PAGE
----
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  • Can 2019

    Can 2019


    The final of the CAN, between Senegal and Algeria, promises to be indecisive, tonight. Odds, compo teams, schedule, TV channel, streaming ... Here's what you need to know before the game.

    The big day has arrived for Senegal and Algeria, who are clashing tonight in the finals of the African Cup of Nations football. The forecast looks difficult to establish for this match, between two teams that have made a great impression since the beginning of the tournament. In terms of the FIFA rankings, the Senegalese (22nd) have the advantage against the Fennecs (68th) but in the last confrontation between the two teams, in the pool phase of this Can 2019 it was the Algerians who won 1-0. As a result, the figures published on the main online betting sites do not really make it possible to release a favorite for this final. Thus, the victory rating of Senegal is between 2.50 and 2.90 euros, the one corresponding to a success of Algeria varies between 2.65 and 2.85 euros, and the draw at the end of the regular time is quoted between 2.70 and 3.05 euros. Djamel Belmadi put pressure on his opponent by saying yesterday in front of the press: "We can obviously lose this match because we play against the number 1 FIFA rankings of CAF Confederation zone of the African football) and who fate of the World Cup, all signals are in favor of Senegal.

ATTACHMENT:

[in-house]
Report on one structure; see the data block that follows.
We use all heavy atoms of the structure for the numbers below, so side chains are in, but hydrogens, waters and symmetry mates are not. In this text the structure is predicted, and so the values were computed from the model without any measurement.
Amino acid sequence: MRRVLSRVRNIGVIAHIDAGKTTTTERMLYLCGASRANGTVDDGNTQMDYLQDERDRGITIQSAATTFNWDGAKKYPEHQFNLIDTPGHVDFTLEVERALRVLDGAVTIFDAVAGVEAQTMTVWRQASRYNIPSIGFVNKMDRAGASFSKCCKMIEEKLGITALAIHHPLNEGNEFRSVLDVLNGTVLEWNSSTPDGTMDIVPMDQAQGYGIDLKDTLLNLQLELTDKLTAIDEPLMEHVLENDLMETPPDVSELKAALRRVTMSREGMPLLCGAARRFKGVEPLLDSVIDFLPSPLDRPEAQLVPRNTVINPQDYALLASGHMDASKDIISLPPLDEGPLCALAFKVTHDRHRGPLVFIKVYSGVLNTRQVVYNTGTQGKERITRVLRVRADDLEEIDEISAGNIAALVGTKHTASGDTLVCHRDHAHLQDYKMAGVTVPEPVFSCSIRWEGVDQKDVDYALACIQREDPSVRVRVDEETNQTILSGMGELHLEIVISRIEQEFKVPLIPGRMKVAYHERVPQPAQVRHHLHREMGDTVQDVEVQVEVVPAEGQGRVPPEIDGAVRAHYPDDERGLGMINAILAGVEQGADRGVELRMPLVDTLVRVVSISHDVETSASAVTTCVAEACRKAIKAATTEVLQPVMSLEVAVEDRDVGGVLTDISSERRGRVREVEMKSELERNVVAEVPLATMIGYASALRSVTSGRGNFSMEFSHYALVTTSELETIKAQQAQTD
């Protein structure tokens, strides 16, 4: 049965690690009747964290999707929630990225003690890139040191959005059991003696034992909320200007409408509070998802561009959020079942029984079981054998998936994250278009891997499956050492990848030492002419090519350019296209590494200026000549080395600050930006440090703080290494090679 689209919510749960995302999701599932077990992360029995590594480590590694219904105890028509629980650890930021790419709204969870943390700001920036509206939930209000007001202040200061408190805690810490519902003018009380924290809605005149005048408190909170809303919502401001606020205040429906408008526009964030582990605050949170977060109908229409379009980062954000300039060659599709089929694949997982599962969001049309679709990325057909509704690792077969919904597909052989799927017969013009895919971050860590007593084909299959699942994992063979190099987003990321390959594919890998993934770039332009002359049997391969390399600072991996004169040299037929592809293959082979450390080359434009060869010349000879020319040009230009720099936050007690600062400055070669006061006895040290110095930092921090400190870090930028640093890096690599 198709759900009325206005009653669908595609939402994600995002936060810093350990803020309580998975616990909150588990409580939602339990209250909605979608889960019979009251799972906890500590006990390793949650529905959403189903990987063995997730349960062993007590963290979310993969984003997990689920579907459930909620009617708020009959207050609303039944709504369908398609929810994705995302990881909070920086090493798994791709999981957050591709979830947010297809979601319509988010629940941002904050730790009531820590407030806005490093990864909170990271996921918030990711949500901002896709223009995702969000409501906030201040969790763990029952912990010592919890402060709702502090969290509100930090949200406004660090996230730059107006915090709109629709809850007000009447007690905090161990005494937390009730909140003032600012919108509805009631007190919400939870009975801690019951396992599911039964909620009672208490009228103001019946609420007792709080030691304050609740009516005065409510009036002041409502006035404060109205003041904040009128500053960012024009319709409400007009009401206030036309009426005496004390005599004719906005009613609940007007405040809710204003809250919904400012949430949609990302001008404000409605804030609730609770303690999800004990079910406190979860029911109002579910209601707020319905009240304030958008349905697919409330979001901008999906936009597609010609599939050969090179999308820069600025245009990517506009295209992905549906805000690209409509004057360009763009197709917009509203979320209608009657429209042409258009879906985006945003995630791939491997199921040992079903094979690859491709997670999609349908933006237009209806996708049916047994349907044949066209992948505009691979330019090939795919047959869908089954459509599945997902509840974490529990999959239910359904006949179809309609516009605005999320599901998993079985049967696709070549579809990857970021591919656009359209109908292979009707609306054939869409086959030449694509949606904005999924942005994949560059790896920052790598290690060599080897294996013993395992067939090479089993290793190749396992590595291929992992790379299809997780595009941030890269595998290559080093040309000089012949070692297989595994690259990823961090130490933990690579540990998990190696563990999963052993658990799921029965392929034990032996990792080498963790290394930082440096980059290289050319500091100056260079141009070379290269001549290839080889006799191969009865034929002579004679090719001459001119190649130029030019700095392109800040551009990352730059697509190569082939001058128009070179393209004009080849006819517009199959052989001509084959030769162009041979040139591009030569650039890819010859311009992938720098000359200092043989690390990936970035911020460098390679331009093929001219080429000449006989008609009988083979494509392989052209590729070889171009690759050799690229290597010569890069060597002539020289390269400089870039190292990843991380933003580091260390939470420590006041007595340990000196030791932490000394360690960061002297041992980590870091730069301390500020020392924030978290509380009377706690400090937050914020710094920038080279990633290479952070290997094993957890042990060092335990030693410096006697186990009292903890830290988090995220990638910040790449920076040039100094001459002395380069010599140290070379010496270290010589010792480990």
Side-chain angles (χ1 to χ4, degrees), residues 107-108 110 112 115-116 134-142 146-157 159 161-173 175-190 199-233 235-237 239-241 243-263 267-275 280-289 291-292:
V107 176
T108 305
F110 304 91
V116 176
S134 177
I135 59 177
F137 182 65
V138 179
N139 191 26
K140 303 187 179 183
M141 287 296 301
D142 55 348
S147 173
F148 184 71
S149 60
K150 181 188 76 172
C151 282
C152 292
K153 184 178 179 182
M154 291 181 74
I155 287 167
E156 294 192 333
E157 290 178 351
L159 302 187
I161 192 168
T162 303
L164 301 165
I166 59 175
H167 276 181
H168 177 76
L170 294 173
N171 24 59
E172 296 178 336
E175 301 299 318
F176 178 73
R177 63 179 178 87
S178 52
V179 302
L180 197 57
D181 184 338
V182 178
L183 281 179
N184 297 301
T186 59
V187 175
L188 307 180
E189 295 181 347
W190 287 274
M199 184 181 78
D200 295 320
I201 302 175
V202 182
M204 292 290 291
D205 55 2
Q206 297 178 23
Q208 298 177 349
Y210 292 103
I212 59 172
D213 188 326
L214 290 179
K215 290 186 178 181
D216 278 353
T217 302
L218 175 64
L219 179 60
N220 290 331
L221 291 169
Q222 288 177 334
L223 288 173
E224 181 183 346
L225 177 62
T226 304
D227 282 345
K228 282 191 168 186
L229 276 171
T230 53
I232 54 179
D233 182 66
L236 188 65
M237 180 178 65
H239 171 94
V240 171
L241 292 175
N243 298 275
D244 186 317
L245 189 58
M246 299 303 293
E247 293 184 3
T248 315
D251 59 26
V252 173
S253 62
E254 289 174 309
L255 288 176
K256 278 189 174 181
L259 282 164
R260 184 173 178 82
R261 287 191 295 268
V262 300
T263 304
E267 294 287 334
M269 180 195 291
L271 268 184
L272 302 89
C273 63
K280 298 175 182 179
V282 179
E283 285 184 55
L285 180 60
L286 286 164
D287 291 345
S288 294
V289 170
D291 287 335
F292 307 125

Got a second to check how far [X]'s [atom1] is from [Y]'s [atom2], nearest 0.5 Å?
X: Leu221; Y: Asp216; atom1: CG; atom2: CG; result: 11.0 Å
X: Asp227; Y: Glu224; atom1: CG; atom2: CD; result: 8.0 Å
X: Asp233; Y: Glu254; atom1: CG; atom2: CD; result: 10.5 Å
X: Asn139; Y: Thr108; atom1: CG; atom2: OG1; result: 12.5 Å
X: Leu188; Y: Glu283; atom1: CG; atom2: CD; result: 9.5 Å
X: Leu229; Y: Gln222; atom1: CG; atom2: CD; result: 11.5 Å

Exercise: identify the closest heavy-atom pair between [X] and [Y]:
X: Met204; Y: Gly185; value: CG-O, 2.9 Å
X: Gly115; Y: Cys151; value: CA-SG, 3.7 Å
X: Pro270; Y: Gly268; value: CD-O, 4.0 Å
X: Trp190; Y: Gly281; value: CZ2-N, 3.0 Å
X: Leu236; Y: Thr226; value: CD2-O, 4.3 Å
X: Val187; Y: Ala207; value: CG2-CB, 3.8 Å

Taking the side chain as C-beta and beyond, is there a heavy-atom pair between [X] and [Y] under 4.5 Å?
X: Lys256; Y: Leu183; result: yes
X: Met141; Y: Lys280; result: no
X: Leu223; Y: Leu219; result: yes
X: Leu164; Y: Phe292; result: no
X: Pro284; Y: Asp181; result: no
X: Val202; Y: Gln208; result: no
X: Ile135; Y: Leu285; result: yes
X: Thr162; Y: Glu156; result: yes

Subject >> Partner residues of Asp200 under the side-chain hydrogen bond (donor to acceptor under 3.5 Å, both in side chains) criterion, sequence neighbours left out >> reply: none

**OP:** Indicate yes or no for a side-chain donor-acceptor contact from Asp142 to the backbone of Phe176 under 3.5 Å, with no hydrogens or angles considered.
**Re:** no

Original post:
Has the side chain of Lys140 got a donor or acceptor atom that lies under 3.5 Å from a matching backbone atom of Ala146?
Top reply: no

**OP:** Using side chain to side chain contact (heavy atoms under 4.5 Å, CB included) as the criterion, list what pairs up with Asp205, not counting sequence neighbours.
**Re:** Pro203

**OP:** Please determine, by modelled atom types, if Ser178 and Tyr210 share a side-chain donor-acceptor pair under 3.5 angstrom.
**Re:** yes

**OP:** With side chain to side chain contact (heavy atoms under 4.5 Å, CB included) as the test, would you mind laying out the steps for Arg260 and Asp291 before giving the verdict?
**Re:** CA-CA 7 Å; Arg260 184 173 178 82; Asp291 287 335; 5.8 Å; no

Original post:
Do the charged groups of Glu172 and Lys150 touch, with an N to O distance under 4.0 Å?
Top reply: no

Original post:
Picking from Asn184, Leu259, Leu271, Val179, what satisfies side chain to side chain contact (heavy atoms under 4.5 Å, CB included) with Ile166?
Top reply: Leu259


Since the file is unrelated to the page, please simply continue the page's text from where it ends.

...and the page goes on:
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  • Immigration Aid - Think beyond the money

    Immigration Aid - Think beyond the money

    Europe’s engagement with third countries is not about money. Those who think you can put a figure on a relationship woefully underestimate the significance and intricacy of such partnerships. For some time now, we have called for greater engagement with our partners in Africa and the Middle East — and the collective political will is finally there. The goal of the European Commission’s External Investment Plan is to leverage up to €44 billion in investment by 2020, and increase our external funding to reach up to €123 billion for 2021-2027. We need long-term, sustainable alliances with our key partners — and with Africa in particular. For these to be meaningful, our cooperation should go beyond migration, as it is a consequence of much broader shared challenges including geopolitical instability, demographic developments, climate change and socio-economic issues. Every such alliance must place partners on equal footing and be based on mutual trust. It should also be tailored to the specific context of the partners. Turkish authorities, for example, were never promised and never received €6 billion; the money went to international organizations on the ground that dealt directly with refugees. The EU has offered similar financial and humanitarian support to those displaced around the world, such as in Lebanon, Jordan, Syria, South Sudan and Kenya, to name a few. But refugee or migration crises will not be solved by humanitarian aid alone. And that is why the EU wants to step up its engagement and foster true alliances with third-country partners, to work toward a more stable and prosperous shared future for all.

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